Salinity induced differential methylation patterns in contrasting cultivars of foxtail millet (Setaria italica L.)
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Genome-wide methylation analysis of foxtail millet cultivars contrastingly differing in salinity tolerance revealed DNA demethylation events occurring in tolerant cultivar under salinity stress, eventually modulating the expression of stress-responsive genes.
Reduced productivity and significant yield loss are the adverse effects of environmental conditions on physiological and biochemical pathways in crop plants. In this context, understanding the epigenetic machinery underlying the tolerance traits in a naturally stress tolerant crop is imperative. Foxtail millet (Setaria italica) is known for its better tolerance to abiotic stresses compared to other cereal crops. In the present study, methylation-sensitive amplified polymorphism (MSAP) technique was used to quantify the salt-induced methylation changes in two foxtail millet cultivars contrastingly differing in their tolerance levels to salt stress. The study highlighted that the DNA methylation level was significantly reduced in tolerant cultivar compared to sensitive cultivar. A total of 86 polymorphic MSAP fragments were identified, sequenced and functionally annotated. These fragments showed sequence similarity to several genes including ABC transporter, WRKY transcription factor, serine threonine-protein phosphatase, disease resistance, oxidoreductases, cell wall-related enzymes and retrotransposon and transposase like proteins, suggesting salt stress-induced methylation in these genes. Among these, four genes were chosen for expression profiling which showed differential expression pattern between both cultivars of foxtail millet. Altogether, the study infers that salinity stress induces genome-wide DNA demethylation, which in turn, modulates expression of corresponding genes.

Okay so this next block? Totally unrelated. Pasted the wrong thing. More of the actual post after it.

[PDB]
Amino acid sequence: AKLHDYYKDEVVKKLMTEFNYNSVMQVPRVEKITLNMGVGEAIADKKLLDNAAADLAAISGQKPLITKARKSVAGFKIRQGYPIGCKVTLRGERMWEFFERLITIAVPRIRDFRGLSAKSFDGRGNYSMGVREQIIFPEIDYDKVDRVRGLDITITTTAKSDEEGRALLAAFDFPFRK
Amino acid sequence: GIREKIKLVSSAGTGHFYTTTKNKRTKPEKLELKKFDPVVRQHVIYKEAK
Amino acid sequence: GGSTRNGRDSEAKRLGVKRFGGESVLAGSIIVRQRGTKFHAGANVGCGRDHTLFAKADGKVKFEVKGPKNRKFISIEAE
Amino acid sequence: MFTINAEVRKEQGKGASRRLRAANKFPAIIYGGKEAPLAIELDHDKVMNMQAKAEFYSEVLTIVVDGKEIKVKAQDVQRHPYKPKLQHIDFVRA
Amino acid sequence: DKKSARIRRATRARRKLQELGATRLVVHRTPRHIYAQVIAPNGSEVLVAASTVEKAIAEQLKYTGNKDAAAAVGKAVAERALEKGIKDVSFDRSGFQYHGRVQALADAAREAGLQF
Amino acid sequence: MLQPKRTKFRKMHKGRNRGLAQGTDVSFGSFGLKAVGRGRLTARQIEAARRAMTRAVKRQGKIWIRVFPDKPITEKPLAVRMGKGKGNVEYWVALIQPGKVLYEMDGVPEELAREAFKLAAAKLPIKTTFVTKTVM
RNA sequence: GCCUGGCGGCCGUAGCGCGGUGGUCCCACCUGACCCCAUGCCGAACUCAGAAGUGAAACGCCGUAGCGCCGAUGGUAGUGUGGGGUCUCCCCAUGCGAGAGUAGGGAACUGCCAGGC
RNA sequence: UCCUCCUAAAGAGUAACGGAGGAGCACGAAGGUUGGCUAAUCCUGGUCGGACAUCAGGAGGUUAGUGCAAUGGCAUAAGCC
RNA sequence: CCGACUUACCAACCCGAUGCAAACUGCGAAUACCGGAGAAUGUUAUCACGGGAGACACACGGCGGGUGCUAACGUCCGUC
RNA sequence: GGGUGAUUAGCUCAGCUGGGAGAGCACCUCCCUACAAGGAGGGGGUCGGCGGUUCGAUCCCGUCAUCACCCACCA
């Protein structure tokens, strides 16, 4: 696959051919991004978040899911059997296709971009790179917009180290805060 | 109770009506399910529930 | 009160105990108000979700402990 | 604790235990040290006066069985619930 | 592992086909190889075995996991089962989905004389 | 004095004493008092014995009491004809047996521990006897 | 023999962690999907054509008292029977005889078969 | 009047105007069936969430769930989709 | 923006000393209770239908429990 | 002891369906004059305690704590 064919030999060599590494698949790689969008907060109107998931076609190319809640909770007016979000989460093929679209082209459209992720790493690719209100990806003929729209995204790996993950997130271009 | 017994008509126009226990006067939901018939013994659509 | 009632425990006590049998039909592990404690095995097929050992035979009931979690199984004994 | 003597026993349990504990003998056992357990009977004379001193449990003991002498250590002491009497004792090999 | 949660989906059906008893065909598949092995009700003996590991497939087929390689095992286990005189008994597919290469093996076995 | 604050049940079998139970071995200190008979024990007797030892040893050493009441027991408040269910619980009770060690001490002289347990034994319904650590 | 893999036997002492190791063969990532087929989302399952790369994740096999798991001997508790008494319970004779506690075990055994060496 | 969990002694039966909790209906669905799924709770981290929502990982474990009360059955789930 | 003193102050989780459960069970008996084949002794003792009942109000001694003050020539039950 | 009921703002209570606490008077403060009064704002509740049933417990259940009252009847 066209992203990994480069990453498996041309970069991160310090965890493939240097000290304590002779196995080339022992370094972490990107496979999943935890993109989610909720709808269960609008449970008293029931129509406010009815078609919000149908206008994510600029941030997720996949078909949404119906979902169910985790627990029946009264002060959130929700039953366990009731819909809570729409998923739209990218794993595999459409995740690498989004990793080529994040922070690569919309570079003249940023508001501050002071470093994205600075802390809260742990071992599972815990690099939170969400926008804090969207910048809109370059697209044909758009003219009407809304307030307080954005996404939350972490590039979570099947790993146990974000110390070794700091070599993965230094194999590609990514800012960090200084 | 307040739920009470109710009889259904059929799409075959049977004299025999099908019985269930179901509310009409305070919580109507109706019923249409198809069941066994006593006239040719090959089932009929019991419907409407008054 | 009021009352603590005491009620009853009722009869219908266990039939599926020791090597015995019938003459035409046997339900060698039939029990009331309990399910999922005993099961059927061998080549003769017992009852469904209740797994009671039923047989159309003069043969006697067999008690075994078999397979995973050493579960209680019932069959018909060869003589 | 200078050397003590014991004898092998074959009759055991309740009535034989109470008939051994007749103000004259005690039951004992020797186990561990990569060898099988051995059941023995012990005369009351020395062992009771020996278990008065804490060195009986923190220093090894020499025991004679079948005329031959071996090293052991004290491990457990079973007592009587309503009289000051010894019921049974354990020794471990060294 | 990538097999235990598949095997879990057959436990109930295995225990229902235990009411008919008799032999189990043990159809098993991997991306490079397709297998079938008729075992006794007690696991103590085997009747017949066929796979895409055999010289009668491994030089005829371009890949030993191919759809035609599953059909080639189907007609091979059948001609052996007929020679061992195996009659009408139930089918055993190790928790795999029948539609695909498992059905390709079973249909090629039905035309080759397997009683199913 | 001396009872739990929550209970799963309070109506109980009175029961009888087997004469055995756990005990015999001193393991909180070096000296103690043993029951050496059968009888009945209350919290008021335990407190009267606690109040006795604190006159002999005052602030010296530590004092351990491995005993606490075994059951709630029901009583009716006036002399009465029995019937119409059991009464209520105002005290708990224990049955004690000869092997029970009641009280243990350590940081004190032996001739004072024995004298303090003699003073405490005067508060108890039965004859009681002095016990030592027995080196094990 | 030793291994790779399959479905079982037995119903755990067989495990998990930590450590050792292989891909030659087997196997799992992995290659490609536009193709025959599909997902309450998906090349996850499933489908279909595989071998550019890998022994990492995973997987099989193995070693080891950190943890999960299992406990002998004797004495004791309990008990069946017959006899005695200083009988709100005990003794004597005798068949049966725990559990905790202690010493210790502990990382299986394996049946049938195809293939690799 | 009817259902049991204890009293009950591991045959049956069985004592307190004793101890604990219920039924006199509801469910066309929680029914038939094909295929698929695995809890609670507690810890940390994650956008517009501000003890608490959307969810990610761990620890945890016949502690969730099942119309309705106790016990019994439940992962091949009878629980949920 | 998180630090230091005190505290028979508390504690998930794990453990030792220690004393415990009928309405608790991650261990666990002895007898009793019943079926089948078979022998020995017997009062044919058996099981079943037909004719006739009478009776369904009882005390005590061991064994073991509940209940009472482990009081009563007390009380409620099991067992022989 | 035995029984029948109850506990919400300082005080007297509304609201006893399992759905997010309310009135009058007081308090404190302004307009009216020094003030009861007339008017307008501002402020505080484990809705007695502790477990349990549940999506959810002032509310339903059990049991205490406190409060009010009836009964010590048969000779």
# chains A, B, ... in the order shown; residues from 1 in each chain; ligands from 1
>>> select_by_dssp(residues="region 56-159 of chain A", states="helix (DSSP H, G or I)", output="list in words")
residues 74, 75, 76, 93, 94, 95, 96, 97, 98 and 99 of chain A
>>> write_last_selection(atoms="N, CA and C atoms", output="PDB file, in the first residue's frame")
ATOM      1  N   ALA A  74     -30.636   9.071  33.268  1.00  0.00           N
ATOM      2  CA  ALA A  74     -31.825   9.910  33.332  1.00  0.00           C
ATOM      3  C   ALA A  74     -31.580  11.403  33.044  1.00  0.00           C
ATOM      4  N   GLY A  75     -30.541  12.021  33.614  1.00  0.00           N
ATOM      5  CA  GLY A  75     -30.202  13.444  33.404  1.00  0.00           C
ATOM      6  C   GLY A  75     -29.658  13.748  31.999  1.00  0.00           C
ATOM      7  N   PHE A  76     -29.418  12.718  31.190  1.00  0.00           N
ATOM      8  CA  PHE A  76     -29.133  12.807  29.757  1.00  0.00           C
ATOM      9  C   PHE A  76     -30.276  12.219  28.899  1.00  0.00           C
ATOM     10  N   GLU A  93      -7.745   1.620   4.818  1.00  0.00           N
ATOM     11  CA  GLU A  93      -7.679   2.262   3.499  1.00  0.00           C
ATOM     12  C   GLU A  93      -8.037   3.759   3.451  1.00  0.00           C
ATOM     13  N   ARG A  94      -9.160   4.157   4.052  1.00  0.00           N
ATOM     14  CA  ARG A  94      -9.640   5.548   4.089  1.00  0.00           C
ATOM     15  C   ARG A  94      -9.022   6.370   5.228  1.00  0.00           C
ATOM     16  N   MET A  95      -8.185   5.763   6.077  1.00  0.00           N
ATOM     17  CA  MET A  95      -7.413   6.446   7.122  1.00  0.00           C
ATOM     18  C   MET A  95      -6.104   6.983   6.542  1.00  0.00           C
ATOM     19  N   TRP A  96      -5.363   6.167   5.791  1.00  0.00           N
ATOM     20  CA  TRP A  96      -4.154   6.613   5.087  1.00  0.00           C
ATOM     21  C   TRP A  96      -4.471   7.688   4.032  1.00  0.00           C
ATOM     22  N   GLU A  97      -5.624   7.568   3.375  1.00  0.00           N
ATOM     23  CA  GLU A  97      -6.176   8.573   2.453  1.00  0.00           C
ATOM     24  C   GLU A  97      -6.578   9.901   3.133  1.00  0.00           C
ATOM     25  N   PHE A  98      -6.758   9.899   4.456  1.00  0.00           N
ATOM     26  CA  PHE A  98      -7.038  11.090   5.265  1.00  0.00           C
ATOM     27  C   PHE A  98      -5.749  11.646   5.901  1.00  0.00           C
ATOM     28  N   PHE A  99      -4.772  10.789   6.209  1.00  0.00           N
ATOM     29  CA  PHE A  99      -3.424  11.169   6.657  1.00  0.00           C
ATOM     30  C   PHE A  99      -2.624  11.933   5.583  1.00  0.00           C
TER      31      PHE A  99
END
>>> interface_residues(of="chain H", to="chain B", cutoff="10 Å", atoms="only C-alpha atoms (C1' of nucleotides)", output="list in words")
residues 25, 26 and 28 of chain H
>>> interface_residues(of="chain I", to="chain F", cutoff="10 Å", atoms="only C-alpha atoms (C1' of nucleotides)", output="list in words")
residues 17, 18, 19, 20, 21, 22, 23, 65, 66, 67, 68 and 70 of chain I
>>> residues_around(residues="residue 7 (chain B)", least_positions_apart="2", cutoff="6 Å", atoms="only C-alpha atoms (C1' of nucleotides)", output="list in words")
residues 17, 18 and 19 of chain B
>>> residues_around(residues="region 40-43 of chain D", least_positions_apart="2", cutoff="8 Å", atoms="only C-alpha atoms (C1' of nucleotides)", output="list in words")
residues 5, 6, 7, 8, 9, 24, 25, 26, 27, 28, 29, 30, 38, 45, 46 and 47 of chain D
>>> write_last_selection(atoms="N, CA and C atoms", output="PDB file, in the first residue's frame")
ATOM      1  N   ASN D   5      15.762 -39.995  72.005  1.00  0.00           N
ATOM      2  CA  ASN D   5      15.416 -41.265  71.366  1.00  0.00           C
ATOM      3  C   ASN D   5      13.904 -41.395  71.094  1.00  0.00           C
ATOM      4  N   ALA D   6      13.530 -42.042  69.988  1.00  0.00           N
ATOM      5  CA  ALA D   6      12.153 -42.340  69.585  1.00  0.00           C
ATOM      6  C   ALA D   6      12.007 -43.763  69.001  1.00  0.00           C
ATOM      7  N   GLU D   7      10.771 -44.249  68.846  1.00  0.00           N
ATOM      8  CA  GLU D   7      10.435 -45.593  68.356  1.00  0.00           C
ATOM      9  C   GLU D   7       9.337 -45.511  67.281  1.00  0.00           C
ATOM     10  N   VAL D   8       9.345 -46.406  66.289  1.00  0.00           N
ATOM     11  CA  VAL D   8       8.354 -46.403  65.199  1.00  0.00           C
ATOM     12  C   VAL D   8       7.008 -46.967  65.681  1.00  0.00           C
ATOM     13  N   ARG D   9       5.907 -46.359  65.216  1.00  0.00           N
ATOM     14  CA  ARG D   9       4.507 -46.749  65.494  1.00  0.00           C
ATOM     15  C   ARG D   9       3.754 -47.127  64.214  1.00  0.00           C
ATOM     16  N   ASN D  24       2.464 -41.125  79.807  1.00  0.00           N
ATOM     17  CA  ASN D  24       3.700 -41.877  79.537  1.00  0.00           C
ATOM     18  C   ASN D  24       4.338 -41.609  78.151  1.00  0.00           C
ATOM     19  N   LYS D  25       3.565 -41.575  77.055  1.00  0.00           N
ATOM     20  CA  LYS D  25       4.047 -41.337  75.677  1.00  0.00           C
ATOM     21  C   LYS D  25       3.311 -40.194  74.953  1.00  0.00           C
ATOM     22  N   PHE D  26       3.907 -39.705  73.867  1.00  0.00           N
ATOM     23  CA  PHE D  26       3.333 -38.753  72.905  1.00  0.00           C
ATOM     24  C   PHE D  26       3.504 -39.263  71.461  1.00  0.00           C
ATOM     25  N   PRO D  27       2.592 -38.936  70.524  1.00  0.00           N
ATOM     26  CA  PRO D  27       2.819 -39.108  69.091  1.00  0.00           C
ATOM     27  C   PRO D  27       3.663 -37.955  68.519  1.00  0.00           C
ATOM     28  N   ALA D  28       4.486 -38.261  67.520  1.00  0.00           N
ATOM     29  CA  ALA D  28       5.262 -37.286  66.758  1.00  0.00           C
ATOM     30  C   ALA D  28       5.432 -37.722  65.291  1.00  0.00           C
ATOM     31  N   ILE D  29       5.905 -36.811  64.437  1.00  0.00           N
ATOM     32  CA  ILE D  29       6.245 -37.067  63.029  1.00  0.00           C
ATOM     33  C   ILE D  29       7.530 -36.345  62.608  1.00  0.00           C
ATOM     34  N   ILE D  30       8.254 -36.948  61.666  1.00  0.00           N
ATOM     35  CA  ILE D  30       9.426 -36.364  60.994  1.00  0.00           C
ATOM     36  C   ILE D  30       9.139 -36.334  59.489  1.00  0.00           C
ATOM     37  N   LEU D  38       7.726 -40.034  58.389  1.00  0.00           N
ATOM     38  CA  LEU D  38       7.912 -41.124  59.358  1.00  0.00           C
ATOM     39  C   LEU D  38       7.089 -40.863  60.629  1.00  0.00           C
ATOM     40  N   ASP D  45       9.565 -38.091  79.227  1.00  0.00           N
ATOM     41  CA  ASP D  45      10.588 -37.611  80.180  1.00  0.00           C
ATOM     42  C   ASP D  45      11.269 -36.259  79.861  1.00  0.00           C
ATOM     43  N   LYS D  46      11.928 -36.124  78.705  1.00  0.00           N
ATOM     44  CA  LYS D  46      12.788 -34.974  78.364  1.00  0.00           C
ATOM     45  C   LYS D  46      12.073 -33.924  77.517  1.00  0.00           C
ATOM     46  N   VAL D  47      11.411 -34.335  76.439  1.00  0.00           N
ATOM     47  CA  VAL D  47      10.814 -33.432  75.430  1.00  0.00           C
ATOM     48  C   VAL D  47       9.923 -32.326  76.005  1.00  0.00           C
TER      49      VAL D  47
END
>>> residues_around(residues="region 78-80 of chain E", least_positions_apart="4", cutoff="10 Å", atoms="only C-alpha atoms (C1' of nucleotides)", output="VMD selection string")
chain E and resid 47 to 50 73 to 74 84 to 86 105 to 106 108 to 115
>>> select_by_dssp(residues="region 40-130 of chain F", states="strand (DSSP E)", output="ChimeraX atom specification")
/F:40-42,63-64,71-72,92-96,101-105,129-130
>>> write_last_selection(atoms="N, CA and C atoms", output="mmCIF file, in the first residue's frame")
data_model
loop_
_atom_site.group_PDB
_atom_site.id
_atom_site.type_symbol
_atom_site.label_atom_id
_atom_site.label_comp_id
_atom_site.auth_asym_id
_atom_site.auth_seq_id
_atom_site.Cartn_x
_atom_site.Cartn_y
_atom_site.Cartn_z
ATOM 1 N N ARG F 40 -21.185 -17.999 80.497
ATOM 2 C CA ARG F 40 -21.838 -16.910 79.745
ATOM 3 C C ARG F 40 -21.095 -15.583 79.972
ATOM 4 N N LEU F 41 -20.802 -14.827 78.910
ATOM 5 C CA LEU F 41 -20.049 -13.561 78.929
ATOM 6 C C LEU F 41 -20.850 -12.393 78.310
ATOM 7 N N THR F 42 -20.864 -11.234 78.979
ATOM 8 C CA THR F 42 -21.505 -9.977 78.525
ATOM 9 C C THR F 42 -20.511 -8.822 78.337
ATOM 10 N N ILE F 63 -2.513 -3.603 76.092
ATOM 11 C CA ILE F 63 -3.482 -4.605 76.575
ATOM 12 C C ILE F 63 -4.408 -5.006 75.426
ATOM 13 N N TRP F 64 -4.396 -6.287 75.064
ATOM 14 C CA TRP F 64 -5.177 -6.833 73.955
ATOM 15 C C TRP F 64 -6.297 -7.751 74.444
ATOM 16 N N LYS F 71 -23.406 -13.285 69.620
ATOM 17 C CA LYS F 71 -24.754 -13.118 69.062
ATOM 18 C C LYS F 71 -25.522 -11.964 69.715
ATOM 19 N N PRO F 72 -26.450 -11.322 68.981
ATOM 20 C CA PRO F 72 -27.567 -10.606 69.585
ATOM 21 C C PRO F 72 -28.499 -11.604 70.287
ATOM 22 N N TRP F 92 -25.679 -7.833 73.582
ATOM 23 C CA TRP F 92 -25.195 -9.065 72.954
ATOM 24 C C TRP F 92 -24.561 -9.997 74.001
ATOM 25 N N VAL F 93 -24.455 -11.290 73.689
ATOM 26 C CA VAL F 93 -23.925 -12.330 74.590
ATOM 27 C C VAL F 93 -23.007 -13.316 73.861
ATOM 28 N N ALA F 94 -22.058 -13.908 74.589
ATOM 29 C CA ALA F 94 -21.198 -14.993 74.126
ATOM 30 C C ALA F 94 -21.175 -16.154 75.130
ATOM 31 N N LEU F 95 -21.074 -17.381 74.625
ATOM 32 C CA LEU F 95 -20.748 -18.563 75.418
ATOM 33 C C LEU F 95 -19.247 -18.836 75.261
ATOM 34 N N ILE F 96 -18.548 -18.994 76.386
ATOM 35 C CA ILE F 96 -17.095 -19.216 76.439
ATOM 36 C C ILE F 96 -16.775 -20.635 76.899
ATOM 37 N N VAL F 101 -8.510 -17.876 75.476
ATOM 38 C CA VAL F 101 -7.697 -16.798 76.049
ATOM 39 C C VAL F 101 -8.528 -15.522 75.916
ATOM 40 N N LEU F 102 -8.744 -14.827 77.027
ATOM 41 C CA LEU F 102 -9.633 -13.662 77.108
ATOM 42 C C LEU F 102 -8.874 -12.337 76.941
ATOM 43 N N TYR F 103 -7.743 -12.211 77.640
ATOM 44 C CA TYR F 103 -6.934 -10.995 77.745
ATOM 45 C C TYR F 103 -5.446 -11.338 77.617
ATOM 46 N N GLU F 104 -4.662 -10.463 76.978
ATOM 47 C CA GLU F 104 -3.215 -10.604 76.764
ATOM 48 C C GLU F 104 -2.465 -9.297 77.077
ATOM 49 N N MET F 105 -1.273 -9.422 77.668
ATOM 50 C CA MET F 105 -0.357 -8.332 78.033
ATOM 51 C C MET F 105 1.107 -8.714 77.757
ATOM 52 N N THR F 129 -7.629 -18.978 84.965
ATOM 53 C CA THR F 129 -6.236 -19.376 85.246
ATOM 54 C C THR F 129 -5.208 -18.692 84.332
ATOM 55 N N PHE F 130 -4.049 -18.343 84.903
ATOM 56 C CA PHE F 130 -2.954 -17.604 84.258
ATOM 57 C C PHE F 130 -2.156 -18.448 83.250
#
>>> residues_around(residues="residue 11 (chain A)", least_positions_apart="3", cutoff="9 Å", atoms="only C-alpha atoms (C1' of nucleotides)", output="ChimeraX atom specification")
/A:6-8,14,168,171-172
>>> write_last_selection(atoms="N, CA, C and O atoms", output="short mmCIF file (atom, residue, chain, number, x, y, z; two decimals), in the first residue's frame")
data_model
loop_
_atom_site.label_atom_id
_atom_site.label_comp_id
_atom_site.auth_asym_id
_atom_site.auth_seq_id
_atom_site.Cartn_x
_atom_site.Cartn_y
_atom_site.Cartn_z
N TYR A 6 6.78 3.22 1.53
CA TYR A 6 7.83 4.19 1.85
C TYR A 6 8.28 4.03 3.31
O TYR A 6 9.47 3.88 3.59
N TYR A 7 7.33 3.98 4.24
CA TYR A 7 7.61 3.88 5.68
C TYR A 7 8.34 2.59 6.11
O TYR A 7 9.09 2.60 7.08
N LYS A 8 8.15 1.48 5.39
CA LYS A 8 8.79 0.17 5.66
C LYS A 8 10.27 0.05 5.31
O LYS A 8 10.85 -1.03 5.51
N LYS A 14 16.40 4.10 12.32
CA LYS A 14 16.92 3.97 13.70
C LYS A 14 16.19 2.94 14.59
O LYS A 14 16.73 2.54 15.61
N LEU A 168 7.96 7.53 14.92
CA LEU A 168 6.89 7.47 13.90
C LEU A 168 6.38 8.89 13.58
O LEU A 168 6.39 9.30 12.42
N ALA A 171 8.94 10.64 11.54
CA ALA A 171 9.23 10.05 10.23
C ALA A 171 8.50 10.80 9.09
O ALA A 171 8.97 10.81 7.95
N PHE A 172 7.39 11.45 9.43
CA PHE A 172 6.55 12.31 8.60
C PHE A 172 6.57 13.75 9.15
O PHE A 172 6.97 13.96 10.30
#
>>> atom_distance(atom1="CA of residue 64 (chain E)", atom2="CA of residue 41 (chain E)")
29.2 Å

KeywordsMethylation-sensitive amplified polymorphism (MSAP) Salt stress Methylation Epigenetics Abiotic stress Foxtail millet
The present work is supported by the core grant of National Institute of Plant Genome Research (NIPGR), New Delhi, India. Dr. Chandra Bhan Yadav acknowledges the award of Young Scientist Research grant from Science and Engineering Research Board, Govt. of India, New Delhi. Ms. Garima Pandey and Mr. Mehanathan Muthamilarasan acknowledge the award of Senior Research Fellowship from University Grants Commission, New Delhi, India.
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Conflict of interest
The authors declare no conflict of interest.
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